SEATTLE, WASHINGTON — The American aircraft manufacturer has slashed scheduled deliveries of its 737 MAX Family jets for the second time this year, although demand from airlines continues to soar.

Boeing estimated it would deliver 375 single-aisle aircraft in 2022. The planemaker had planned at the start of the year to deliver about 500 before cutting its forecast to the low 400s in July. The 737 MAX deliveries will continue at a pace of a little more than 30 a month into 2023, said Brian West, chief financial officer, as the company last week reported a third-quarter net loss of $3.3bn.

West said customers received 88 737 MAX planes in the quarter. Executives said they delivered fewer than promised because supply chain disruptions impeded the flow of jets along the production line. "We expect the supply chain will continue to be challenged over the course of 2023," said David Calhoun, Boeing's chief executive.

"What's our job in this supply-constrained world? Well, in the factories, we don't push the system too fast. We slow down when we have to and try not to compound problems."

The 737 MAX brought the crisis to Boeing after two crashes that killed 346 people in Indonesia and Ethiopia in 2018 and 2019. It is continuing to sell aircraft built during the type's lengthy grounding following the crashes. Reaching 450 at their height, inventories of the Max were 270 at the end of the quarter, Boeing said. About half the 270 were reserved for airlines in China, but Boeing is now looking for different buyers for some of them as the country's Covid-19 restrictions constrain demand for air travel, and tensions between Beijing and Washington make it harder for Boeing to sell there.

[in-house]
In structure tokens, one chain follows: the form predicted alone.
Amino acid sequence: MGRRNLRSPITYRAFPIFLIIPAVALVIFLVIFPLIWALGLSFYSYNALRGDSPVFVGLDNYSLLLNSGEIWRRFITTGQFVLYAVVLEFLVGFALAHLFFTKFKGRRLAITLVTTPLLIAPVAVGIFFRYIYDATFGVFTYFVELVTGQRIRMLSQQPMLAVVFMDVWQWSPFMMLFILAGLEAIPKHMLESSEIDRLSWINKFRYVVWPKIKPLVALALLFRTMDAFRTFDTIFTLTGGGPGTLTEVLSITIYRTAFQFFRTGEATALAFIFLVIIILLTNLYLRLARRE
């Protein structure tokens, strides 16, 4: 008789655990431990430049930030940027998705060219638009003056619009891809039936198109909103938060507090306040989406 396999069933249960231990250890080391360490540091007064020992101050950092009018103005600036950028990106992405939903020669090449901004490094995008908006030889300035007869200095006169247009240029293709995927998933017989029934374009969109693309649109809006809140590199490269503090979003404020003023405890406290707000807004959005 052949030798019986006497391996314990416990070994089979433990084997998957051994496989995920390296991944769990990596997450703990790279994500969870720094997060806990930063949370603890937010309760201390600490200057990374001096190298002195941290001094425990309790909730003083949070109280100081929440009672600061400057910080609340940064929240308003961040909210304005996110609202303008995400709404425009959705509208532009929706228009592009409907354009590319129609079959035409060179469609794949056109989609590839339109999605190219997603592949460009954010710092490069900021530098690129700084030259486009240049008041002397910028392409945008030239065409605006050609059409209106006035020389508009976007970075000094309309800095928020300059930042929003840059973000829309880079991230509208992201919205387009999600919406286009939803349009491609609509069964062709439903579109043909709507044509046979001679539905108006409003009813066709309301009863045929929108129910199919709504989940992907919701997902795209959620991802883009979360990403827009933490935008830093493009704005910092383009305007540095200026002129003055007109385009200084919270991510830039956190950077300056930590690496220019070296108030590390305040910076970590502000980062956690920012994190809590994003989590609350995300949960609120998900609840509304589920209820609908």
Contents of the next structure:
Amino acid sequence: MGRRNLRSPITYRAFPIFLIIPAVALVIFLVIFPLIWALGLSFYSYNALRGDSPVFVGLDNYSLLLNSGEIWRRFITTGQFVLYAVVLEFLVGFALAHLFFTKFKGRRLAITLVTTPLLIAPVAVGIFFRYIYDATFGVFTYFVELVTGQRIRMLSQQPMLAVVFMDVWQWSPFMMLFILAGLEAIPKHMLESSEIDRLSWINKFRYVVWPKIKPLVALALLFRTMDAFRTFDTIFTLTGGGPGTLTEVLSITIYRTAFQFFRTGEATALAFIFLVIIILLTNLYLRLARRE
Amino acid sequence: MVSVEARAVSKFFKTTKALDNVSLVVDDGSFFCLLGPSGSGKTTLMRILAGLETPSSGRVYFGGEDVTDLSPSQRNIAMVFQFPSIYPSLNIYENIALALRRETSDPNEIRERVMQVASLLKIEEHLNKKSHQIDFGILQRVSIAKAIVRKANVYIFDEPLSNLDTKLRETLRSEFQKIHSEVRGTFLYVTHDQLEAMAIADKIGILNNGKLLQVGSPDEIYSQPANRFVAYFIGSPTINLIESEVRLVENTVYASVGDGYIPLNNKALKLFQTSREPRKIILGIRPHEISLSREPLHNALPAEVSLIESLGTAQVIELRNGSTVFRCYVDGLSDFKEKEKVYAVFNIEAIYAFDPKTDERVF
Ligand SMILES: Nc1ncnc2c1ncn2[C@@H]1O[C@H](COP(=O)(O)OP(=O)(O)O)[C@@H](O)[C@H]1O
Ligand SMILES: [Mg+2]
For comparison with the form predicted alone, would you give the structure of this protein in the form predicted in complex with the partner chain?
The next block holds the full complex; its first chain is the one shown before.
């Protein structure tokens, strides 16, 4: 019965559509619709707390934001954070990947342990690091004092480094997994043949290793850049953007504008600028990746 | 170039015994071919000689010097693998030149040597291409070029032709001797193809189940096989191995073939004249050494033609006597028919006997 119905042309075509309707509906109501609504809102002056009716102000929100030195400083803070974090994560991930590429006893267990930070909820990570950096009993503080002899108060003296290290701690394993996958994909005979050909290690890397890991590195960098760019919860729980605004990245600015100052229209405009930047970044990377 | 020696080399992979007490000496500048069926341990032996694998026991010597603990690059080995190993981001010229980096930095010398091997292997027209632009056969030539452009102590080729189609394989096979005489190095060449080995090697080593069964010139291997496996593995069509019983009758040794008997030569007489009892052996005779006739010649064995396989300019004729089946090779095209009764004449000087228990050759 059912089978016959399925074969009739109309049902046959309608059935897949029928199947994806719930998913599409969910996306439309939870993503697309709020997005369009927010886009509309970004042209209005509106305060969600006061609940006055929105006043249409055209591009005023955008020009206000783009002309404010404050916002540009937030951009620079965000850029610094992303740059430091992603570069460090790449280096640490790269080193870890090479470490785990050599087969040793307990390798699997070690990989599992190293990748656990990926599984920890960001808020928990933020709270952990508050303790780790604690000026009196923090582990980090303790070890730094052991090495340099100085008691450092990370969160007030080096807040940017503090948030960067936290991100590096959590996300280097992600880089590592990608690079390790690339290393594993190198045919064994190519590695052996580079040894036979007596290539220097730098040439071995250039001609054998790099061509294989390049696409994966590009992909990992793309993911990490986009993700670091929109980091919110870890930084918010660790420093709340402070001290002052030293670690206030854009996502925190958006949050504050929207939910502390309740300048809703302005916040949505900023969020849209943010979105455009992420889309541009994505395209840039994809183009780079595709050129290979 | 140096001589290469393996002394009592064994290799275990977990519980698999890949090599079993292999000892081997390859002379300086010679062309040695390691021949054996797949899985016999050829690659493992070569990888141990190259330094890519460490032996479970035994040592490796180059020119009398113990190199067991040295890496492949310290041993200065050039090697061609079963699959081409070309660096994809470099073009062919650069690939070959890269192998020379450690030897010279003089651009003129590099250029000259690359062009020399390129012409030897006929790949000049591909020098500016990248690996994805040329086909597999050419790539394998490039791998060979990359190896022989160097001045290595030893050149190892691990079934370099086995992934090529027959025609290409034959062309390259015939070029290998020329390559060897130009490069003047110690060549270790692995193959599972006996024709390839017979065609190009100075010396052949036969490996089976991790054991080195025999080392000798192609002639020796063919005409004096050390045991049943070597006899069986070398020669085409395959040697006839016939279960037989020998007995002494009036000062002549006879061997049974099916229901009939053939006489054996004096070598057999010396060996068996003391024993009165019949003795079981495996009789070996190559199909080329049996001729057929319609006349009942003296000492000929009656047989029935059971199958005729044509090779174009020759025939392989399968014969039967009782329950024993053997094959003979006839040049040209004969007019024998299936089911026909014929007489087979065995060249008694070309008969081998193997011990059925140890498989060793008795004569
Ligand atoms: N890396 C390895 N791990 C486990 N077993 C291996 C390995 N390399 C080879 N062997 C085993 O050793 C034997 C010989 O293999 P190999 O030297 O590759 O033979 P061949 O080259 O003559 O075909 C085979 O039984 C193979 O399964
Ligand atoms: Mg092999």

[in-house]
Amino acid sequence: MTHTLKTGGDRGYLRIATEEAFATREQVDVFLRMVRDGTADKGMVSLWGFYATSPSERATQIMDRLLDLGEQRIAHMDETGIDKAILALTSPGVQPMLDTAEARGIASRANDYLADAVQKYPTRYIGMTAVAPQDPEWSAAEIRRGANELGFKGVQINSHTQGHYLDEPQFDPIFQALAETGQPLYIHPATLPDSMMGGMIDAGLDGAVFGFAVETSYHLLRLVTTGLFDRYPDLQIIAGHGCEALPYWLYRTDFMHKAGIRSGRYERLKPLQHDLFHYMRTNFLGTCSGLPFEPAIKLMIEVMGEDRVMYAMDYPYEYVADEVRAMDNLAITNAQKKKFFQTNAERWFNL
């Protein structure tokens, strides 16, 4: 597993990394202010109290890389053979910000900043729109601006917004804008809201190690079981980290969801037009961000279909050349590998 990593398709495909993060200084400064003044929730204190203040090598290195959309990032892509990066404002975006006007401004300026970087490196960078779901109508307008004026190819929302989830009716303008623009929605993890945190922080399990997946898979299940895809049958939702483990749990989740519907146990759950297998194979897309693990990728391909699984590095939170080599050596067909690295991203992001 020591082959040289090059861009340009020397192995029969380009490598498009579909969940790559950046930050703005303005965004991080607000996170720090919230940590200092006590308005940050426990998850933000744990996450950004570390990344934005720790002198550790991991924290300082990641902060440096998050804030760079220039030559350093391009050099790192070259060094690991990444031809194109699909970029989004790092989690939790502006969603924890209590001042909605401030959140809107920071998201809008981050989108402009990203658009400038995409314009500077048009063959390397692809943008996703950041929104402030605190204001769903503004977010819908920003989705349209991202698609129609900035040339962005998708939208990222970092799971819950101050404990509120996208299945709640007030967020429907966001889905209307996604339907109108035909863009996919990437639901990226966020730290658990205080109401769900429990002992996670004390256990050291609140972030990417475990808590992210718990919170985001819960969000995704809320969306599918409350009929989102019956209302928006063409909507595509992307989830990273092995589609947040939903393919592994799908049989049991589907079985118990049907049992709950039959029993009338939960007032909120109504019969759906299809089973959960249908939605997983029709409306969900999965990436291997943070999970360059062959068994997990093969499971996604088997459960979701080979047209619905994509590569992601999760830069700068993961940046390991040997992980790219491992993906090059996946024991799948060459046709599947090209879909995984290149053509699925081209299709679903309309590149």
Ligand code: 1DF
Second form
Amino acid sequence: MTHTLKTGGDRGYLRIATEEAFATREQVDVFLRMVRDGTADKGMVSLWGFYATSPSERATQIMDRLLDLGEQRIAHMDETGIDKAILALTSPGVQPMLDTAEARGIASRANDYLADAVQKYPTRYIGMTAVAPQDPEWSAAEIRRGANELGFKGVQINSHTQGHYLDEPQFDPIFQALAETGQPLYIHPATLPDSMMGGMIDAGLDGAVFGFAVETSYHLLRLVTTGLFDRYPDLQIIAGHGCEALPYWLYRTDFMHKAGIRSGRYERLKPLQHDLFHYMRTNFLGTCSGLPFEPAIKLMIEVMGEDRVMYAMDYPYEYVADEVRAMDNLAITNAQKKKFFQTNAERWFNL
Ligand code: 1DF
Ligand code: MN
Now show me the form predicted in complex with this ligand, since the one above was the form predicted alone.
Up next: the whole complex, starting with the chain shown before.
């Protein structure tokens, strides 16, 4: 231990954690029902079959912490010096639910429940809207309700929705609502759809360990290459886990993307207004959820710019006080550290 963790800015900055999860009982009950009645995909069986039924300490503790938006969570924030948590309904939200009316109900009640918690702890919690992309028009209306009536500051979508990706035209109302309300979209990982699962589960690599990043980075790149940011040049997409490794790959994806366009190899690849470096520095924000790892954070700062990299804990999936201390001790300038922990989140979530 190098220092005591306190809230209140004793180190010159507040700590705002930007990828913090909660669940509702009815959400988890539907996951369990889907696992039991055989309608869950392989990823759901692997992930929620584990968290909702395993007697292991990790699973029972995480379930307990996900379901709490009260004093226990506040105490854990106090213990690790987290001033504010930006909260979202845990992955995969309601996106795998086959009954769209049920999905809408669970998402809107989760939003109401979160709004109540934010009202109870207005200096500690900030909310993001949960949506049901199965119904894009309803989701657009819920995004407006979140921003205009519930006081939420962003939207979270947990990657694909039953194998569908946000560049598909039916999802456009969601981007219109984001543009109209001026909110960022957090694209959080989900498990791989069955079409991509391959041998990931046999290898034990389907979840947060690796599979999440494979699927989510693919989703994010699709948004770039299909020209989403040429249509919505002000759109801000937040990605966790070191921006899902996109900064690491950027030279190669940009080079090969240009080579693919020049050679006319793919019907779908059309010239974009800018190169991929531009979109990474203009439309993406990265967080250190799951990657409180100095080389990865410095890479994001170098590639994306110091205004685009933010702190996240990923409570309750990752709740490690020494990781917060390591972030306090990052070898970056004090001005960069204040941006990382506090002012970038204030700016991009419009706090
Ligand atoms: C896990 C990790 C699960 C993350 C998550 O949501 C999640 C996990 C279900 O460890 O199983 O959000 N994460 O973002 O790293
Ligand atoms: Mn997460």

"We still would like to deliver planes to China," Calhoun said. "But we also are clear-eyed about the geopolitical risks that are out there, and we're not going to impart new risks on our investors."

Boeing surprised Wall Street with its net loss and lower revenue than expected. The company lost $6.18 a share, instead of the 13 cents a share profit that investors had anticipated, and worse than the 60-cent loss per share from the third quarter of 2021. The company's $16bn in revenue, though about 5 percent higher than a year before, was $2bn lower than expected. Boeing shares fell 8.8 percent to $133.79 in New York.

The loss was driven by $2.8bn in charges in its defense business, including on Air Force One and the troubled KC-46A refueling tanker. Boeing had agreed to deliver the aircraft for a fixed price, which left it vulnerable as it encountered problems with supply chains, inflation, and labor shortages. But the company also reported $2.9bn in free cash flow — operating cash minus capital expenditures — compared to a $507mn outflow during the same period last year. Boeing expects positive free cash flow for the year, partly aided by a $1.4bn tax benefit from the pandemic-era US Cares Act. For years, many investors were drawn to Boeing because of the cash the business generated.

But following the MAX crashes, it was criticized for focusing on returns to investors rather than innovation. But Calhoun defended the focus on free cash flow, calling it "a great metric, period."

"Our need to focus on free cash flow is the result of us having taken a significant amount of debt on in light of the crisis we had," he said.

"It does not suggest we have stopped investing in new capabilities."